Imagine staying dry underwater for months. Now Northwestern University engineers have examined a wide variety of surfaces that can do just that — and, better yet, they know why. The research team is the first to identify the ideal “roughness” needed in the texture of a surface to keep it dry for a long period of time when submerged in water. The valleys in the surface roughness typically need to be less than one micron in width, the researchers found. That’s really small — less than one millionth of a meter — but these nanoscopic valleys have macroscopic impact. Understanding how the surfaces deflect water so well means the valuable feature could be reproduced in other materials on a mass scale, potentially saving billions of dollars in a variety of industries, from antifouling surfaces for shipping to pipe coatings resulting in lower drag. That’s science and engineering, not serendipity, at work for the benefit of the economy.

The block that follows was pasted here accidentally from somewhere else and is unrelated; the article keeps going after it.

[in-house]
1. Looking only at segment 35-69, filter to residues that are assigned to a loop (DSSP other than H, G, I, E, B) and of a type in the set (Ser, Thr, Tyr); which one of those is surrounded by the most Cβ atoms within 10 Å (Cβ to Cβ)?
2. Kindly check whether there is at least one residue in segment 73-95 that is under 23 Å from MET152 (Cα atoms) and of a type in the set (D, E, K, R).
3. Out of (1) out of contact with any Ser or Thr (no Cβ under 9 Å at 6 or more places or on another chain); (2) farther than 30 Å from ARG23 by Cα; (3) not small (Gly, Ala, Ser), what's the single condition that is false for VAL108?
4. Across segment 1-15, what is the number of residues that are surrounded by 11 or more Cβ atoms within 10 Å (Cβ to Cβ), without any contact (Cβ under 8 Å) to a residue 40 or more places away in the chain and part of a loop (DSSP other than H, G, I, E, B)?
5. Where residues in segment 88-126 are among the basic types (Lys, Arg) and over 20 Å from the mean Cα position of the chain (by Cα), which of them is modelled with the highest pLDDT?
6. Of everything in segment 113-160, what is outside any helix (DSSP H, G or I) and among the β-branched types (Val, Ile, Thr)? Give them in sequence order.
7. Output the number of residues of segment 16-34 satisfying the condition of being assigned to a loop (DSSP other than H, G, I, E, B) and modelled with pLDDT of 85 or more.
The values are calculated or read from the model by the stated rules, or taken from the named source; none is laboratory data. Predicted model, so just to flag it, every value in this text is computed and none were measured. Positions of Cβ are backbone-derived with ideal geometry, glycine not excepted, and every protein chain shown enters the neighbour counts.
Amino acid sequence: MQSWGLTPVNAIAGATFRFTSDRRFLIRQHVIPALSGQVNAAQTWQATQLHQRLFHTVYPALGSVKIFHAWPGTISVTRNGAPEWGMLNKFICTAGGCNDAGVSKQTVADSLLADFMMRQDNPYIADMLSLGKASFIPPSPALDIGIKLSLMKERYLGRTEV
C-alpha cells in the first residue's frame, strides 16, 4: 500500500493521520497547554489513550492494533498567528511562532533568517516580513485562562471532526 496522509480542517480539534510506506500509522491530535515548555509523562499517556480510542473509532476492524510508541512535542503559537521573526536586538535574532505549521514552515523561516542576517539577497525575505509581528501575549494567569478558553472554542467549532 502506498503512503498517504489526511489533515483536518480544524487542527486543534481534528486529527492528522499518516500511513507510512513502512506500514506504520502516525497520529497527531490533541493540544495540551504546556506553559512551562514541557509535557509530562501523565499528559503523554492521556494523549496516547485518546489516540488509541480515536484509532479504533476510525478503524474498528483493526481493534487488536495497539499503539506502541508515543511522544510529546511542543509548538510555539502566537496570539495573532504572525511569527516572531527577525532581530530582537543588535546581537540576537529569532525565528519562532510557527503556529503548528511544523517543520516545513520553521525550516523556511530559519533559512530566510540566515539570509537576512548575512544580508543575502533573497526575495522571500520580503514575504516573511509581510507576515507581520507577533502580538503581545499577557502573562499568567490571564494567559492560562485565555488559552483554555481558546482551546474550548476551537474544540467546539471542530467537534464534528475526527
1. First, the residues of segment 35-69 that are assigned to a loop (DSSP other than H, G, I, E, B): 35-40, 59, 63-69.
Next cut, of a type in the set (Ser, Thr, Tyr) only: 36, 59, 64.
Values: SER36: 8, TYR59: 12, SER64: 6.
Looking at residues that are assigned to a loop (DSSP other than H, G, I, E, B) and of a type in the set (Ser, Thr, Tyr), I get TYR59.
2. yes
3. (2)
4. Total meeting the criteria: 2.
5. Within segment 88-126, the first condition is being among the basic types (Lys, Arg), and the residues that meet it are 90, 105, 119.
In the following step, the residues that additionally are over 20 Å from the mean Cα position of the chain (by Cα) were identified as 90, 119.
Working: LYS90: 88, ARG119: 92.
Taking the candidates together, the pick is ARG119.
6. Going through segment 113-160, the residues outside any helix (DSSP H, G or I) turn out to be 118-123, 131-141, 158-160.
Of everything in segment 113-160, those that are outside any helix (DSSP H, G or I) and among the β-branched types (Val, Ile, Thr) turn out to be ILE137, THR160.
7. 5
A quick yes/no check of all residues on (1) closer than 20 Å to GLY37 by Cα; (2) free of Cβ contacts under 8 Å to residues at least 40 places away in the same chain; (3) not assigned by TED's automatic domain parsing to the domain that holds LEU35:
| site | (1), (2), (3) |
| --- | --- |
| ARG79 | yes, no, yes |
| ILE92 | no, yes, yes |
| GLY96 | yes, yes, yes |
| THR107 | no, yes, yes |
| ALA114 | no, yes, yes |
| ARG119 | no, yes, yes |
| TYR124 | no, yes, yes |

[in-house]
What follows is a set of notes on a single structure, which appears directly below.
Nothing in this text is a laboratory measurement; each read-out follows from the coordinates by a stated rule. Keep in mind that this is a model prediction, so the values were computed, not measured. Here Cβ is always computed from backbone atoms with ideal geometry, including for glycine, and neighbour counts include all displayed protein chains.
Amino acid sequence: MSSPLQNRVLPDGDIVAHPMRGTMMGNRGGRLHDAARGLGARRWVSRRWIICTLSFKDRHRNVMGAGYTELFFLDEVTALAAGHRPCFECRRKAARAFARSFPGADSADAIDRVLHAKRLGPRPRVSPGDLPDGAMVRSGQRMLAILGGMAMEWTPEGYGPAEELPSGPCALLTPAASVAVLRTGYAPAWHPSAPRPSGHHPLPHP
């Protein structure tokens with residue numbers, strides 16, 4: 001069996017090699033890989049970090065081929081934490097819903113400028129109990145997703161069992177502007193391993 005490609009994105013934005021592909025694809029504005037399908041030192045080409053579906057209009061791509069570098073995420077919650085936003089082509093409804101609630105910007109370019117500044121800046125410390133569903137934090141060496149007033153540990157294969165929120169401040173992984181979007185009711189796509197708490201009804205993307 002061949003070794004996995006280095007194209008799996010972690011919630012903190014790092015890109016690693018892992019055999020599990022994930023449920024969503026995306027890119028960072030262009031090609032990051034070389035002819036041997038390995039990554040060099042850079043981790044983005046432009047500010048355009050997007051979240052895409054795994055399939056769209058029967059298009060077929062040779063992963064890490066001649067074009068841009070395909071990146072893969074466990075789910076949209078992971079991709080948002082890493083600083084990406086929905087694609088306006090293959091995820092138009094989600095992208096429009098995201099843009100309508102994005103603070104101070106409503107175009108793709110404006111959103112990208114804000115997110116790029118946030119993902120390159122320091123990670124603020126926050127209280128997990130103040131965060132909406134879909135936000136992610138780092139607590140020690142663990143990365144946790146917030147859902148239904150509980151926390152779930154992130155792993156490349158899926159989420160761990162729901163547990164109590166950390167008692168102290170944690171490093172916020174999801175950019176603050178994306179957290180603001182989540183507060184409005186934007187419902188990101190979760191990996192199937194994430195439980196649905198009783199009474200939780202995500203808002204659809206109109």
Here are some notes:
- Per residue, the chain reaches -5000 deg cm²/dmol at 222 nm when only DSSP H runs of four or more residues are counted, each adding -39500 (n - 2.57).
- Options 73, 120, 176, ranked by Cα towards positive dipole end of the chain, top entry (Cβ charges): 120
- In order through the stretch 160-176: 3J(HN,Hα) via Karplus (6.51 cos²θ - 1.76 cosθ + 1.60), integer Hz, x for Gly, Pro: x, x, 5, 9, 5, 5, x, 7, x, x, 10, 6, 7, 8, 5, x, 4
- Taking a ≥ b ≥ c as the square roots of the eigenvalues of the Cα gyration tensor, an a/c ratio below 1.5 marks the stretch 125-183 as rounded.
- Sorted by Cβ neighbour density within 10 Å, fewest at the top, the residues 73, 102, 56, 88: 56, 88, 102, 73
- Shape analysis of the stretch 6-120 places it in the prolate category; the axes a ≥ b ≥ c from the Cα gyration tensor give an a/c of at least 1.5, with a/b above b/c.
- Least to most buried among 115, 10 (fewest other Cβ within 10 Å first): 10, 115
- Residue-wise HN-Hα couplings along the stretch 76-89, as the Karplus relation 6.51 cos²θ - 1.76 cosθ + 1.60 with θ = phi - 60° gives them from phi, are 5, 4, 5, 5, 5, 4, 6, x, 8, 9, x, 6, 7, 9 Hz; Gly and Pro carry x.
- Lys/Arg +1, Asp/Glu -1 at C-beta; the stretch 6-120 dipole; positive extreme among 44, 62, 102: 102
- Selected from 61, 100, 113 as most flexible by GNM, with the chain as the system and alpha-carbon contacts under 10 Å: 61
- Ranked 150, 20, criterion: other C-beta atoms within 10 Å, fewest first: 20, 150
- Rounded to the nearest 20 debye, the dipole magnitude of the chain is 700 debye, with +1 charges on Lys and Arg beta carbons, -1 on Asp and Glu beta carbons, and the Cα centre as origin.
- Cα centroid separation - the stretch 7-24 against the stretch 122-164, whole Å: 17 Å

“The trick is to use rough surfaces of the right chemistry and size to promote vapor formation, which we can use to our advantage,” said Neelesh A. Patankar, a professor of mechanical engineering in the McCormick School of Engineering and Applied Science, who led the research. “When the valleys are less than one micron wide, pockets of water vapor or gas accumulate in them by underwater evaporation or effervescence, just like a drop of water evaporates without having to boil it. These gas pockets deflect water, keeping the surface dry,” he said.